Adjuvant Therapy for Melanoma
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In recent years, the number of patients with malignant melanoma has continued to increase globally; surgery remains the first treatment option for patients with resectable melanoma. Adjuvant therapy for patients with stage III and IV melanoma following surgical resection has gradually been approved. After complete resection, these patients can probably derive significant benefit from adjuvant therapy. New treatments that improve the long-term survival of patients with unresectable advanced or metastatic melanoma are currently under evaluation in adjuvant therapy to increase relapse-free survival and overall survival. We here review several relevant clinical trials of radiotherapy, systemic immune therapies, molecular-targeted therapies, and neoadjuvant therapies in order to shed light on most suitable adjuvant therapy. The findings of this review include the following: The use of interferon-α2b will be restricted for patients with ulcerated primary melanoma in countries with no access to new drugs in adjuvant therapy. Ipilimumab should not be considered as the first-line therapy due to its lower efficacy and severe toxicity. The use of anti-programmed death-1 antibody would be a relevant adjuvant therapy for patients without BRAF mutation. If the BRAF mutation status is positive, the combination of dabrafenib and trametinib is a plausible option. The establishment of appropriate therapeutic planning and clinical endpoints in adjuvant therapy should affect the standard of care. The choice of optimal adjuvant therapy for individual patients is an important issue.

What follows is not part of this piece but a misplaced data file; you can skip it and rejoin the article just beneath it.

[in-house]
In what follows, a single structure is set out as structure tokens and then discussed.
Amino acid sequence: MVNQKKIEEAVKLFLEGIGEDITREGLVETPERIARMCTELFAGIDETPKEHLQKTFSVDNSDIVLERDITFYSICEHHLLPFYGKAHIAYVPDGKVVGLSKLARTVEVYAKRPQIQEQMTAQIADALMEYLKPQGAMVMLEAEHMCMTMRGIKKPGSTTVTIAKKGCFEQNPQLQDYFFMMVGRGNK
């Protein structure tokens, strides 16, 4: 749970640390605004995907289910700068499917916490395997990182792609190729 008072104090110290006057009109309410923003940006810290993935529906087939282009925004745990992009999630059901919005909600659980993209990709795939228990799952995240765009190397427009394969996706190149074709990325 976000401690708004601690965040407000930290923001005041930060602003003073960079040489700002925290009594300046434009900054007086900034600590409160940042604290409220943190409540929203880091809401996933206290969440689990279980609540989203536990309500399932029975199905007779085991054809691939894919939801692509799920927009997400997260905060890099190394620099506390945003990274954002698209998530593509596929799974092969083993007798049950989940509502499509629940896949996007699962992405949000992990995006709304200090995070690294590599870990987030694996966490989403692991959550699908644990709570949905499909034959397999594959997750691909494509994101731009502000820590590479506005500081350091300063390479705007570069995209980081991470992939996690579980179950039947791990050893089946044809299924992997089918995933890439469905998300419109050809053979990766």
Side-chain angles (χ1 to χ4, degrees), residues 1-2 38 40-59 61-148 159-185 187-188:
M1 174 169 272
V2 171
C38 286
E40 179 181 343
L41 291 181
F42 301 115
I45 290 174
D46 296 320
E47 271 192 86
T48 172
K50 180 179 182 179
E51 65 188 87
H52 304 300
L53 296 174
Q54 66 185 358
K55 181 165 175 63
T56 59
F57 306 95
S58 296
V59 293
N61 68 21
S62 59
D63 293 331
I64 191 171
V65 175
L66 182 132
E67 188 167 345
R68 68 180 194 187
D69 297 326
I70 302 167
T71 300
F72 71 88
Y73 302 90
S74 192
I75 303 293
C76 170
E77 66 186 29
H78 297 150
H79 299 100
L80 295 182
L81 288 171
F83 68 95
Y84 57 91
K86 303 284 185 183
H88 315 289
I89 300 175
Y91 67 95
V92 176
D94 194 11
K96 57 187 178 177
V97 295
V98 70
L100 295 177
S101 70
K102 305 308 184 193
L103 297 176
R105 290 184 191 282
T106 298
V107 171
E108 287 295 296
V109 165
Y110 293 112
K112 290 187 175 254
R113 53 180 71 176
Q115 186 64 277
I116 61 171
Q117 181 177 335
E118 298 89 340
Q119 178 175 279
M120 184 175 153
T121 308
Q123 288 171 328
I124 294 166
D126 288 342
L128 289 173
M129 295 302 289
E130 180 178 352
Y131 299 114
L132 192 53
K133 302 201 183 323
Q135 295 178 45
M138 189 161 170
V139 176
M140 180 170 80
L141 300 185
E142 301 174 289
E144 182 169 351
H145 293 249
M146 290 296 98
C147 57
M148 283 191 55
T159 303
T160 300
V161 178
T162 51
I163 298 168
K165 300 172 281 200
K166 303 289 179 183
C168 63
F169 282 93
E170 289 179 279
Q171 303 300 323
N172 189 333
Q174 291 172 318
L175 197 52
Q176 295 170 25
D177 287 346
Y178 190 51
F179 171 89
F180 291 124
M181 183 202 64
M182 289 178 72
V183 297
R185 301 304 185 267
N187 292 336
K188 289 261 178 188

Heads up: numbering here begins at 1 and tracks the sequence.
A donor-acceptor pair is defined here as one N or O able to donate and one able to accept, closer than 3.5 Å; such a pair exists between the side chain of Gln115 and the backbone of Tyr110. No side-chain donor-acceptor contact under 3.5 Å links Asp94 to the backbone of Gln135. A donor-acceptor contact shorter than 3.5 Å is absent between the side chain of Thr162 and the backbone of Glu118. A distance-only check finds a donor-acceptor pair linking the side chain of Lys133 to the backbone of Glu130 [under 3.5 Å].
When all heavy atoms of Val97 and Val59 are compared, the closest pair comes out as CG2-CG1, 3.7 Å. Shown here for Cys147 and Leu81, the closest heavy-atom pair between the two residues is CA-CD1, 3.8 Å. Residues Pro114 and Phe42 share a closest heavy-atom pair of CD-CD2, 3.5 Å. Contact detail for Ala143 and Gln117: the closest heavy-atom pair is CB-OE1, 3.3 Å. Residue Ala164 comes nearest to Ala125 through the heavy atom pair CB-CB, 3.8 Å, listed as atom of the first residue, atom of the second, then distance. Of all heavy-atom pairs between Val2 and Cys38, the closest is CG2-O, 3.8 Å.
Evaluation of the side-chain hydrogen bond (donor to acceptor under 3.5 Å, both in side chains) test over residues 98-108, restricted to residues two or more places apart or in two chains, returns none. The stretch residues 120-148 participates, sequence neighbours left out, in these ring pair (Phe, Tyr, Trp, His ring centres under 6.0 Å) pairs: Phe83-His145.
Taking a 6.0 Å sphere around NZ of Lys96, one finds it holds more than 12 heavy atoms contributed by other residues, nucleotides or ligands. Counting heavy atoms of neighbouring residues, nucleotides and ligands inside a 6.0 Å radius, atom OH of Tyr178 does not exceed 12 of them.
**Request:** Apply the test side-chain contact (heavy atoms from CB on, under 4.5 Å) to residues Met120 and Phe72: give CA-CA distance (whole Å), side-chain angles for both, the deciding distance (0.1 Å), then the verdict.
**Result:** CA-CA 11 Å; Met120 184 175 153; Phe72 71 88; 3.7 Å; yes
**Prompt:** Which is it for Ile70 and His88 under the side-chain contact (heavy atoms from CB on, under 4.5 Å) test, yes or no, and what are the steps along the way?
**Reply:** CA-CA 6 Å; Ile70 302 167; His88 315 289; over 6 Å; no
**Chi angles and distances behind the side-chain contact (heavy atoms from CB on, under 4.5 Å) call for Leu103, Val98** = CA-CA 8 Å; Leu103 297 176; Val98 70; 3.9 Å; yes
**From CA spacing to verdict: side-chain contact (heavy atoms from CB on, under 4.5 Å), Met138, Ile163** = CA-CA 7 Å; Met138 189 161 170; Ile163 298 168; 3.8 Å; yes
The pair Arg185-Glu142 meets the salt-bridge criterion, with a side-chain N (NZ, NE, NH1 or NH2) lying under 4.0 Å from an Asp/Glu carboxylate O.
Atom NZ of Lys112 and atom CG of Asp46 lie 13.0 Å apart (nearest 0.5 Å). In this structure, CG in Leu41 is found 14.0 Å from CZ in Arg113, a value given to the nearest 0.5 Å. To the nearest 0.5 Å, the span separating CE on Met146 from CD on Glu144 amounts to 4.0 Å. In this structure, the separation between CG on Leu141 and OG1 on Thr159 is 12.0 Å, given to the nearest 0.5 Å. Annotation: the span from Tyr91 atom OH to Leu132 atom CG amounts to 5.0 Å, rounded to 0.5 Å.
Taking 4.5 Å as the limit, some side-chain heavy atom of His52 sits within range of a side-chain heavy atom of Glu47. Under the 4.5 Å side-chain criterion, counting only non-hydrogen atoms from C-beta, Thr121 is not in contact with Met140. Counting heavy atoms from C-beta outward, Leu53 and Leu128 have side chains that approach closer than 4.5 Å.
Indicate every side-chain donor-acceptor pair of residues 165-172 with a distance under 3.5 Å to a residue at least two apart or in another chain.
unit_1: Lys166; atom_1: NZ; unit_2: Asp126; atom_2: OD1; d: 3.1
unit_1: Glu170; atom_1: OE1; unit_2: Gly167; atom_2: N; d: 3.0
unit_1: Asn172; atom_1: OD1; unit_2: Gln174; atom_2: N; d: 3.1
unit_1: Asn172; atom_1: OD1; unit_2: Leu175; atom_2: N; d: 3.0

KeywordsMelanoma Adjuvant therapy Radiotherapy Immune therapy Targeted therapy Neoadjuvant therapy
mitogen-activated protein kinase
randomized controlled trial
Food and Drug Administration
programmed cell death protein 1
Eastern Cooperative Oncology Group
European Medicines Agency
cytotoxic T lymphocyte-associated antigen 4
health-related quality of life
American Joint Committee on Cancer
Compliance with Ethical Standards
Conflict of Interest
Maiko Wada-Ohno, Takamichi Ito, and Masutaka Furue declare they have no conflict of interest.
Human and Animal Rights and Informed Consent
This article does not contain any studies with human or animal subjects performed by any of the authors.
References and Recommended Reading
Papers of particular interest, published recently, have been highlighted as: • Of importance •• Of major importance
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